According to final figures released by ABGLT – the Brazilian national umbrella group for LGBT associations – a total of 183 events were held in Brazil around the International Day Against Homophobia and Transphobia in 2014. Actions were held in at least 20 states, and in at least 55 towns and cities. Once again, this makes Brazil (along with the United Kingdom) one of the most significant national mobilisations around May 17.
A full panorama of all actions held is impossible, and this report will continue to be updated in the coming days, to reflect the scale and diversity of this year’s events. Below is a snapshot, divided by state, of just some of the amazing actions which marked the Day this year in Brazil.
A full list of events held in Brazil this year is available for download here (.doc, 46kb, in Portuguese), with thanks to ABGLT, to Toni, and especially to Paulinho for compiling it.
ABGLT’s May 17 media release, comprising a Manifesto and list of Activities is also accessible via this link (.pdf, 600kb, in Portuguese).
Actions around May 17 in the North-Eastern state of Bahia, were significantly larger than any other Brazilian state this year. Commemorations around the Day spread into a month of events during the month of May, and were co-ordinated by a state-wide coalition of over a dozen community groups, civil society organisations and state institutions. For the second year running this run of events – the ‘May of Diversity Project’ – was backed by the SJCDH (State Department of Justice, Citizenship and Human Rights).
On May 19, in honour of the IDAHOT 2014, the Salvador City Legislature held a packed ceremony and public consultation session on sexual orientation and gender identity in policies to promote human rights. The event addressed the need for a national gender recognition act, as well as the labour rights and public security needs of LGBT communities. The event was proposed by the councilor, Florisvaldo Bittencourt (PT). Read the full Portuguese report here.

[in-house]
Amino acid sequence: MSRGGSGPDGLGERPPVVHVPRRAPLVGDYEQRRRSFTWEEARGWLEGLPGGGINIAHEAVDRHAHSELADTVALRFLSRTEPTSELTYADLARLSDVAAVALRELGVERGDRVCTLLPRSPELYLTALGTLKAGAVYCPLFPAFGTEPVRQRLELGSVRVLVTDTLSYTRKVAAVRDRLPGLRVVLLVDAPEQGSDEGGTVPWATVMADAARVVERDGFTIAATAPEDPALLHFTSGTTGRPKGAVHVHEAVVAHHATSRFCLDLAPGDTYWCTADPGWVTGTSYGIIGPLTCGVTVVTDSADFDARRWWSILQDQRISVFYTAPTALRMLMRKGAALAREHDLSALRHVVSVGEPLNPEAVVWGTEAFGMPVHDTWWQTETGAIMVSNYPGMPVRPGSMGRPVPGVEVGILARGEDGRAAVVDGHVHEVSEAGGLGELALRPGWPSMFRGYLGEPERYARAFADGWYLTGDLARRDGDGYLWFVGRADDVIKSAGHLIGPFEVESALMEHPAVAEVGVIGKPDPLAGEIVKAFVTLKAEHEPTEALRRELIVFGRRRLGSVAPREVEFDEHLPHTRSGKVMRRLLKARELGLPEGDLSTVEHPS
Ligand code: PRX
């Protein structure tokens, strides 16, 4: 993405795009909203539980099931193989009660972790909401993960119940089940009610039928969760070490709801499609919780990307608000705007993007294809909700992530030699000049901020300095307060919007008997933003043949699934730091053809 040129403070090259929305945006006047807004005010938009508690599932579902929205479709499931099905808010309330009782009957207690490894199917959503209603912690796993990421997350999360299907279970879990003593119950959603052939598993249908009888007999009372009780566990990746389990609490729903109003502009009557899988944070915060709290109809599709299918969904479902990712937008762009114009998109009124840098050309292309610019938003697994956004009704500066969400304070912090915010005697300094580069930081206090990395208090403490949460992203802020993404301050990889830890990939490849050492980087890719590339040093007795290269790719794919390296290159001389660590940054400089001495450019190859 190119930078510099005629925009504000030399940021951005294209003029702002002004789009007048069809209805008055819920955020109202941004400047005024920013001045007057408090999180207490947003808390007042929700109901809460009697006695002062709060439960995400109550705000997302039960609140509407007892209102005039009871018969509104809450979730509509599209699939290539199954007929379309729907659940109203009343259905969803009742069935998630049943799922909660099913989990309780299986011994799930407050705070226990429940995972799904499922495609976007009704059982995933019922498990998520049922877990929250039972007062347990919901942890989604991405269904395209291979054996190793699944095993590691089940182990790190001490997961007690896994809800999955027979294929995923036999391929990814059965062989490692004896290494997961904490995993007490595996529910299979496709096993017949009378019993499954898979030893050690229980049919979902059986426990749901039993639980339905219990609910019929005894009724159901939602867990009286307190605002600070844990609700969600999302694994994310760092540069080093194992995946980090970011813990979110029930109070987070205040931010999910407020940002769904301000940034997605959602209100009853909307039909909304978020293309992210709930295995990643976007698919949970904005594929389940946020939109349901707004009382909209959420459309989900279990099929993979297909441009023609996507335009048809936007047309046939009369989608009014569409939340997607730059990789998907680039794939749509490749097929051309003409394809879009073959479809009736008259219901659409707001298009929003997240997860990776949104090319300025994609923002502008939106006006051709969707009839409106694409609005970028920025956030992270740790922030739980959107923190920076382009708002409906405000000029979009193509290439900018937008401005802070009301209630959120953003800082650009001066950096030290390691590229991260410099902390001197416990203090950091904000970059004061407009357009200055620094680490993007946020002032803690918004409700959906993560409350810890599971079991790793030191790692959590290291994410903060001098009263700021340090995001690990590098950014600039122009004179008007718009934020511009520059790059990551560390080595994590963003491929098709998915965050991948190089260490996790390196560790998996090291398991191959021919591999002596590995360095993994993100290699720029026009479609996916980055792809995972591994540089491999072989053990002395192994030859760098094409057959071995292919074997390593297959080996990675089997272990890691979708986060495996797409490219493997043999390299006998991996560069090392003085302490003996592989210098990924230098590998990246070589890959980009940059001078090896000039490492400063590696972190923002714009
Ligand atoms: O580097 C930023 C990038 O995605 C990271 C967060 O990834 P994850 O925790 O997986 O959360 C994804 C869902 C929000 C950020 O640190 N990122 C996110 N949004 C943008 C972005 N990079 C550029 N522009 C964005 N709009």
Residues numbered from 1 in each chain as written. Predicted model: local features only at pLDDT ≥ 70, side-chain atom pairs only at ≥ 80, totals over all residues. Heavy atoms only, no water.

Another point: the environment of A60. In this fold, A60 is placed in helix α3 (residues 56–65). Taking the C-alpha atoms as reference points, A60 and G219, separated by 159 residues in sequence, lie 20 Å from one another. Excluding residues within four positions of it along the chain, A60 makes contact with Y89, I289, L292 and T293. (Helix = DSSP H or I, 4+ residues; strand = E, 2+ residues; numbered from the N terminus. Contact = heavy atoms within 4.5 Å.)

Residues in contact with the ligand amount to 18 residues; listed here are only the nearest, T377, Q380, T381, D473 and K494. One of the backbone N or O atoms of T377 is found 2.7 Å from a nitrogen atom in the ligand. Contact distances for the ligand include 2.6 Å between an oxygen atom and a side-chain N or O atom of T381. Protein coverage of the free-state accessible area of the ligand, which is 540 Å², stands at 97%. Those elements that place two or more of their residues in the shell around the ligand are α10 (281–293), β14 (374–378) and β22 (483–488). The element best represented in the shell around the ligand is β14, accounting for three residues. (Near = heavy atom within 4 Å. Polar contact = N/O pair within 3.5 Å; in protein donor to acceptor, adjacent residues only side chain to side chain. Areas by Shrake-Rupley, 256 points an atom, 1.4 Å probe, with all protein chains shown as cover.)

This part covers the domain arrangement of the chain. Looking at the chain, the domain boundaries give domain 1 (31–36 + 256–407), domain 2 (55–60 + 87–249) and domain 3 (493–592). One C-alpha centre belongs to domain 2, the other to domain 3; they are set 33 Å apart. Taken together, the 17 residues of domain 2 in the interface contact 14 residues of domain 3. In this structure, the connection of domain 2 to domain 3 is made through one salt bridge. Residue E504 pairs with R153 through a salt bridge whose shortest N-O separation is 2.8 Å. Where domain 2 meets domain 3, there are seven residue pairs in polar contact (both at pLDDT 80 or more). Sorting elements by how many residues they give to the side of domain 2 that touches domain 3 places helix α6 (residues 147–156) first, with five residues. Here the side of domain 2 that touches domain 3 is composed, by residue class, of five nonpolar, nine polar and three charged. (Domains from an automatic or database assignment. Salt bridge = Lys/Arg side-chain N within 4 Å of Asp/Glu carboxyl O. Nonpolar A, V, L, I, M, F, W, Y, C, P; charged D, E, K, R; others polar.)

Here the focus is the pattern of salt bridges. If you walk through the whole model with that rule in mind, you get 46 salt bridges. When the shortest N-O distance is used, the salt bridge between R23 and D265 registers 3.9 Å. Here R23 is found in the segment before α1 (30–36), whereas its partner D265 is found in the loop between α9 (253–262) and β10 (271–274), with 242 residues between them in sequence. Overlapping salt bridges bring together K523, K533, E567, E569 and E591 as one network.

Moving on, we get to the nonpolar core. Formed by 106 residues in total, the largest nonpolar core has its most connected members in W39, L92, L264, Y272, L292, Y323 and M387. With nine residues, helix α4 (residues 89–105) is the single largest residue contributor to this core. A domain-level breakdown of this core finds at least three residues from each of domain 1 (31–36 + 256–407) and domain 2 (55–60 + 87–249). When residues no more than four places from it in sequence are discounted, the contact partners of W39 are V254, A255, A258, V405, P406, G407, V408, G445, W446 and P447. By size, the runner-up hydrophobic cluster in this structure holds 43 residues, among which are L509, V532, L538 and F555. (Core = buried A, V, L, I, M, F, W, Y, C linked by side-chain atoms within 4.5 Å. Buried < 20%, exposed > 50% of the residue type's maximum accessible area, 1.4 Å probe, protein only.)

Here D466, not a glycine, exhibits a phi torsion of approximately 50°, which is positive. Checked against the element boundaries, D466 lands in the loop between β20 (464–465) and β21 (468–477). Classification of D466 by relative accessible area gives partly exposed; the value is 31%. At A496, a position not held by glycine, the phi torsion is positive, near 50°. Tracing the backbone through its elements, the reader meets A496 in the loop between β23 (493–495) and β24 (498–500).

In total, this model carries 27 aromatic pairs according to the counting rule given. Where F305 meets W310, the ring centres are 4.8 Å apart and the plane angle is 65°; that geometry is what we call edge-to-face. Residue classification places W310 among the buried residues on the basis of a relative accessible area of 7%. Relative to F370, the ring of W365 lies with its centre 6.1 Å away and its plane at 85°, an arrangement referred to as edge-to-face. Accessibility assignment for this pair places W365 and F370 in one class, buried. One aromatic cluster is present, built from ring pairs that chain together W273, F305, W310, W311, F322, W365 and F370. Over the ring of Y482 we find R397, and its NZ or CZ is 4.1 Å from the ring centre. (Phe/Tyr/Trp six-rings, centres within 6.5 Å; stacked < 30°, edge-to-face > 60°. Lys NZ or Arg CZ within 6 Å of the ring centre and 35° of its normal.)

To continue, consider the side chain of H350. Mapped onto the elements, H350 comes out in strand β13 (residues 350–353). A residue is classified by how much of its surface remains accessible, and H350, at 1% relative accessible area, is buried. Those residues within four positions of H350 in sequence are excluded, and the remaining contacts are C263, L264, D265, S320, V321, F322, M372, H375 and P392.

In the first week of May, the group Juventude Sem Terra – the youth wing of the country’s Landless Worker’s Movement (MST) – organised a march of 3,000 people, in Salvador (pictured). Young activists at the march, affirmed “I’m gay and I’m landless” and that “homophobia exists in the country and in the city”.
In Salvador’s Pelourinho, the show ‘Soul Transformista’ was shown free of charge in commemoration of the Day, on Saturday the 17th. The popular and critically acclaimed piece explores the world of ‘transformistas’ (drag artists), and the difficulties faced by them in trying to maintain the art form, in a city which doesn’t value it. The show was just one of countless cultural and artist events which marked the Day in Bahia this year.
Rio de Janeiro
In Rio de Janeiro, ABGLT held its Fifth National Conference in the city of Niterói on May 22-25. A video introducing the event can be found here:
Over 250 people attended the event, representing dozens of organisations from the whole of Brazil. A summary and manifesto from the event – which the organisers called “a historic event in the history of ABGLT” – can be found here (in Portuguese).